The small group of Bosnian Muslims practice their faith in Minneapolis, but they wanted a cemetery they could call their own. They signed a purchase agreement on an affordable parcel in rural Chisago County, and the planning commission approved the land use.
But the County Board voted 3-2 to deny the permit. Some assert the cemetery would pollute groundwater and increase congestion on a rural highway. Others say the board was responding to an anti-Muslim backlash, evident in derogatory social media comments and the lingering belief that the Bosniaks — as Bosnian Muslims are called — were being held to a different standard than Christians buried in the county.
The Bosniaks continue to look for a place to bury their dead, and now hope to receive invitations from any suburban county with available land. Enes Gluhic, a war refugee who represented the Bosniak proposal at the Chisago County hearings, promised they would be neighborly.
“People of all religions have helped my family,” Gluhic said. “I have never felt the hatred and animosity that I do now and I’ve been here for 23 years. After being welcomed for so many years, it’s tough to see that now.”
The dispute resembles arguments over proposed Muslim cemeteries in other parts of the country, as well as a recent example in Dakota County where a judge ruled that Castle Rock Township’s attempt to block a Muslim cemetery was “arbitrary and capricious” and allowed it.
Ben Montzka, one of the two Chisago County commissioners who voted Dec. 21 to grant the Bosniaks’ request, said he found no reason to deny it. He said the perception of religious intolerance doesn’t accurately represent his progressive, upbeat county.
“As an American, I think we should all strive to treat each other with the same respect that we expect from them,” Montzka said. “I would encourage all of us to use language that doesn’t shut down the debate.”
Price was the issue
Chisago County is a long way from the Bosniaks’ mosque on Broadway Avenue in Minneapolis, but they give a practical reason for looking there for land: a willing seller and an affordable price.
They have been using Muslim sections of cemeteries in Roseville and Burnsville, but fewer plots remain. After the congregation of about 1,200 decided to get their own cemetery, they found what they were seeking in Chisago Lake Township, just north of the Washington County line: a 16-acre parcel with 2 acres for the burial ground (the rest would be farmed, as it is now). Gluhic told the planning commission that the Bosniaks expected four burials a year.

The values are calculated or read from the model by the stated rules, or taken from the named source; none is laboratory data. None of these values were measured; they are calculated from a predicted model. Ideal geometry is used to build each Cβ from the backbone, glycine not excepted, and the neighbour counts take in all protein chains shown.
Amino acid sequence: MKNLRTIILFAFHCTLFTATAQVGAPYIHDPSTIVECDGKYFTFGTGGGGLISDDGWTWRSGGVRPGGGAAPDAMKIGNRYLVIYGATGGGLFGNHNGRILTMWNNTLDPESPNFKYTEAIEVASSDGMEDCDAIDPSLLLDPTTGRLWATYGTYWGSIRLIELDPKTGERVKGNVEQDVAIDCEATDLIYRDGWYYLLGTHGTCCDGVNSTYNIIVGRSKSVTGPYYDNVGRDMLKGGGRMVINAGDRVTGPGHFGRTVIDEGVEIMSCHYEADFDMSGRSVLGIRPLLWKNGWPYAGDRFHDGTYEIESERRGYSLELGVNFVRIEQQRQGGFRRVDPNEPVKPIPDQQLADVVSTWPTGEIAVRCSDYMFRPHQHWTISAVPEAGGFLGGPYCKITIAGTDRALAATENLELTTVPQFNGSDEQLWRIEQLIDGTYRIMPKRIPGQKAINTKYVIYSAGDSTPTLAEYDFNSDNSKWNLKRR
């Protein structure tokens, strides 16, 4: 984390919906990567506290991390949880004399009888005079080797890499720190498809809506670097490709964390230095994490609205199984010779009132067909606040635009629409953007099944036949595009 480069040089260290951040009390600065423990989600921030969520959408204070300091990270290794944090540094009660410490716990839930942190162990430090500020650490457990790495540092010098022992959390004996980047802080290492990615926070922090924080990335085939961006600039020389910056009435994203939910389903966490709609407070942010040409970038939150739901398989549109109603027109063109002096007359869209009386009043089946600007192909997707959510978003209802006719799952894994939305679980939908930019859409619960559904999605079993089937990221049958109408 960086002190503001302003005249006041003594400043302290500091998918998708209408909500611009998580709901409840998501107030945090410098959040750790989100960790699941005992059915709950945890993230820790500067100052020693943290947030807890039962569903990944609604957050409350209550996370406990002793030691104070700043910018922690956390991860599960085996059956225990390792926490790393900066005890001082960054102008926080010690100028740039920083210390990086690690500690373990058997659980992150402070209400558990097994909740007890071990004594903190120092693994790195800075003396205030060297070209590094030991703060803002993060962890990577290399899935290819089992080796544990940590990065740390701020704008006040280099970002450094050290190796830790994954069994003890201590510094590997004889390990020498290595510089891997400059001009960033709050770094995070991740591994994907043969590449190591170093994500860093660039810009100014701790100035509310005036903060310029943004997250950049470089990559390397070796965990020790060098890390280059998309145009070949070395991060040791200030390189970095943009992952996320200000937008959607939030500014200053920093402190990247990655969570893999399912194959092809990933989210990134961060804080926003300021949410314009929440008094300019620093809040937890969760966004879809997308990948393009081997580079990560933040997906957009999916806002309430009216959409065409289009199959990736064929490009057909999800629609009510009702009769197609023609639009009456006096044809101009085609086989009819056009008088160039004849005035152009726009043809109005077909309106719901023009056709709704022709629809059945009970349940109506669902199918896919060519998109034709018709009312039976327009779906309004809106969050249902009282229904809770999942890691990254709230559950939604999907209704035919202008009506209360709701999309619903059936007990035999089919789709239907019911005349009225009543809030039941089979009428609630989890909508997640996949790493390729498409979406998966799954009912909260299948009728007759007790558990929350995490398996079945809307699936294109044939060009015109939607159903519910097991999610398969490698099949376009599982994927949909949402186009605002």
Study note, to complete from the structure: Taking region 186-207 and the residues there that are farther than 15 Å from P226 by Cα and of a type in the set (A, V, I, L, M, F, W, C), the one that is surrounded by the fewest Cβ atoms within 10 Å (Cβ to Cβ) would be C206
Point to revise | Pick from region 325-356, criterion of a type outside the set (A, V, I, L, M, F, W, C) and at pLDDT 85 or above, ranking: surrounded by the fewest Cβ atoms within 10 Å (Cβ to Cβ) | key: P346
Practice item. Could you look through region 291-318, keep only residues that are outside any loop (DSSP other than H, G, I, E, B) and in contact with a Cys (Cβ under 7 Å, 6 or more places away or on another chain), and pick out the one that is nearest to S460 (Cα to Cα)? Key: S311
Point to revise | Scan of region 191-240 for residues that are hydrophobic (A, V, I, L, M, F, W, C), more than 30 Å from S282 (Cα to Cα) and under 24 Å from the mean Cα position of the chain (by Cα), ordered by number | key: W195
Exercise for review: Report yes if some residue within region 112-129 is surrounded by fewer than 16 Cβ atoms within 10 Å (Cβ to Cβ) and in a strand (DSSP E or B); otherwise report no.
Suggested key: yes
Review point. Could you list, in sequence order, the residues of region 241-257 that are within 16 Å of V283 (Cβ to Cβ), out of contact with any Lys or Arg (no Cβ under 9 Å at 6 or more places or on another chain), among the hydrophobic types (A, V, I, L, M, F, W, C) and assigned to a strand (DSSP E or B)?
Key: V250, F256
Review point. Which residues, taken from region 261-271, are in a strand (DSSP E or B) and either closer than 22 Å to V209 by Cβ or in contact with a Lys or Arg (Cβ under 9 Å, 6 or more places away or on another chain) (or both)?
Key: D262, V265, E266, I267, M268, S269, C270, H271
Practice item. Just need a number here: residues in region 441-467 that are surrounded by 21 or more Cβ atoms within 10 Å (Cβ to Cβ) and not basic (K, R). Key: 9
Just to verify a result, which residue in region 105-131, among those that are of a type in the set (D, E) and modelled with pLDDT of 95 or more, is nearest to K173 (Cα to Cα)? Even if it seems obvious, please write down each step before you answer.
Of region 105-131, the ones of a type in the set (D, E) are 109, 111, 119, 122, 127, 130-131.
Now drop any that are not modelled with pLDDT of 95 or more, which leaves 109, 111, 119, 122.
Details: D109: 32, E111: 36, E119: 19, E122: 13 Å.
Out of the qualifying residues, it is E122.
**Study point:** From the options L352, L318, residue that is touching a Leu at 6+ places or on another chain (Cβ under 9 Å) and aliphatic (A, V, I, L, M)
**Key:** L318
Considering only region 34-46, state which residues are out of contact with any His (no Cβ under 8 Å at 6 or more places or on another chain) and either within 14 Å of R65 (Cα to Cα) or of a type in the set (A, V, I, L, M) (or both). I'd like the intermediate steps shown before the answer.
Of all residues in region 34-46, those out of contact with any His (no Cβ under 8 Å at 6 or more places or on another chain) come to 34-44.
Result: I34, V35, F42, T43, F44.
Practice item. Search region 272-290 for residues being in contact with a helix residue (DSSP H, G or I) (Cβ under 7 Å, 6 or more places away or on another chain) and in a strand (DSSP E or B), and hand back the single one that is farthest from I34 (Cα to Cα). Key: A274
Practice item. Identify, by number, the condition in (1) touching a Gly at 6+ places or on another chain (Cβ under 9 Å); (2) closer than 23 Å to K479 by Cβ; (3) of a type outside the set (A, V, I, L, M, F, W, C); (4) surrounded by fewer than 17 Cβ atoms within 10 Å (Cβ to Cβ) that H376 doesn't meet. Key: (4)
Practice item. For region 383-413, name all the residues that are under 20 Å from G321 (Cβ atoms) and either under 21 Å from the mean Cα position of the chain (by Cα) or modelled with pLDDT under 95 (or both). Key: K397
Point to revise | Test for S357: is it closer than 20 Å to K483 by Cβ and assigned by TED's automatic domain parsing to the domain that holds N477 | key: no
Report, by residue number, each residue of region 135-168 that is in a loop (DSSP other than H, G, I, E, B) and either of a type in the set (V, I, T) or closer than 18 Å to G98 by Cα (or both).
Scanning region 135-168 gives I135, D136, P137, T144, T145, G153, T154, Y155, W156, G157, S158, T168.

“The biggest issue was the price,” Gluhic said. “We’re a small community. It was hard enough to get together the $140,000 for the land.” Similar property in Minneapolis, he said, would cost six times that.
Several neighbors raised concerns that the Muslim “green burial” tradition of burying bodies without caskets would pollute their drinking water. Some people compared it to burying livestock.
Others responded that burying a human body in a shroud is better for the earth than chemical-embalmed bodies in caskets full of hazardous metals.
Some people said the Muslim congregation hadn’t paid taxes in the county and had no voting rights there. Others objected to having to “see death” from a living room window. A resident complained that wailing and chanting would dampen pool parties.
Another resident left a phone message at county offices: “We will have a new administration in the federal government soon that maybe will look out more for regular people who have been here.”
Several anti-Muslim comments appeared on a Facebook page, which soon went private. Screen grabs of comments show suspicion that the Bosniaks intended to build a mosque at the cemetery site, which Gluhic denied.
“This must be stopped, we do not need Muslims or Islamic Terrorists in Chisago County,” said one post.
Nothing to fear
Resident Jeff Radich wrote Montzka and the other commissioner who voted in favor of the cemetery, Mike Robinson, that the issue wasn’t the Bosniaks’ religion but harm to property values. The three commissioners who voted against issuing a permit to the Bosniaks cited land-use concerns.
“Every single person who stepped to a microphone was disciplined, respectful and provided real and tangible concerns that never once would be positioned as any sign of disrespect to another religious community,” Radich wrote.
Gluhic’s family of four came to the United States with three bags. When he arrived in this country, he said, he spent a month and a half on welfare and then paid the government back when he got a job. He has few surviving friends from Bosnia because, he said, most were killed in bitter fighting.
“That’s the story for most of my community,” he said.
Gluhic said Chisago County residents have nothing to fear from their fellow Americans.
“Being in the United States and knowing everything this country has done for my family, I want to make sure this type of behavior isn’t rewarded by walking away,” he said. “People have fought for religious freedom, people have fought for equality. If I don’t do that same thing for my family, my community, where is it going to end?”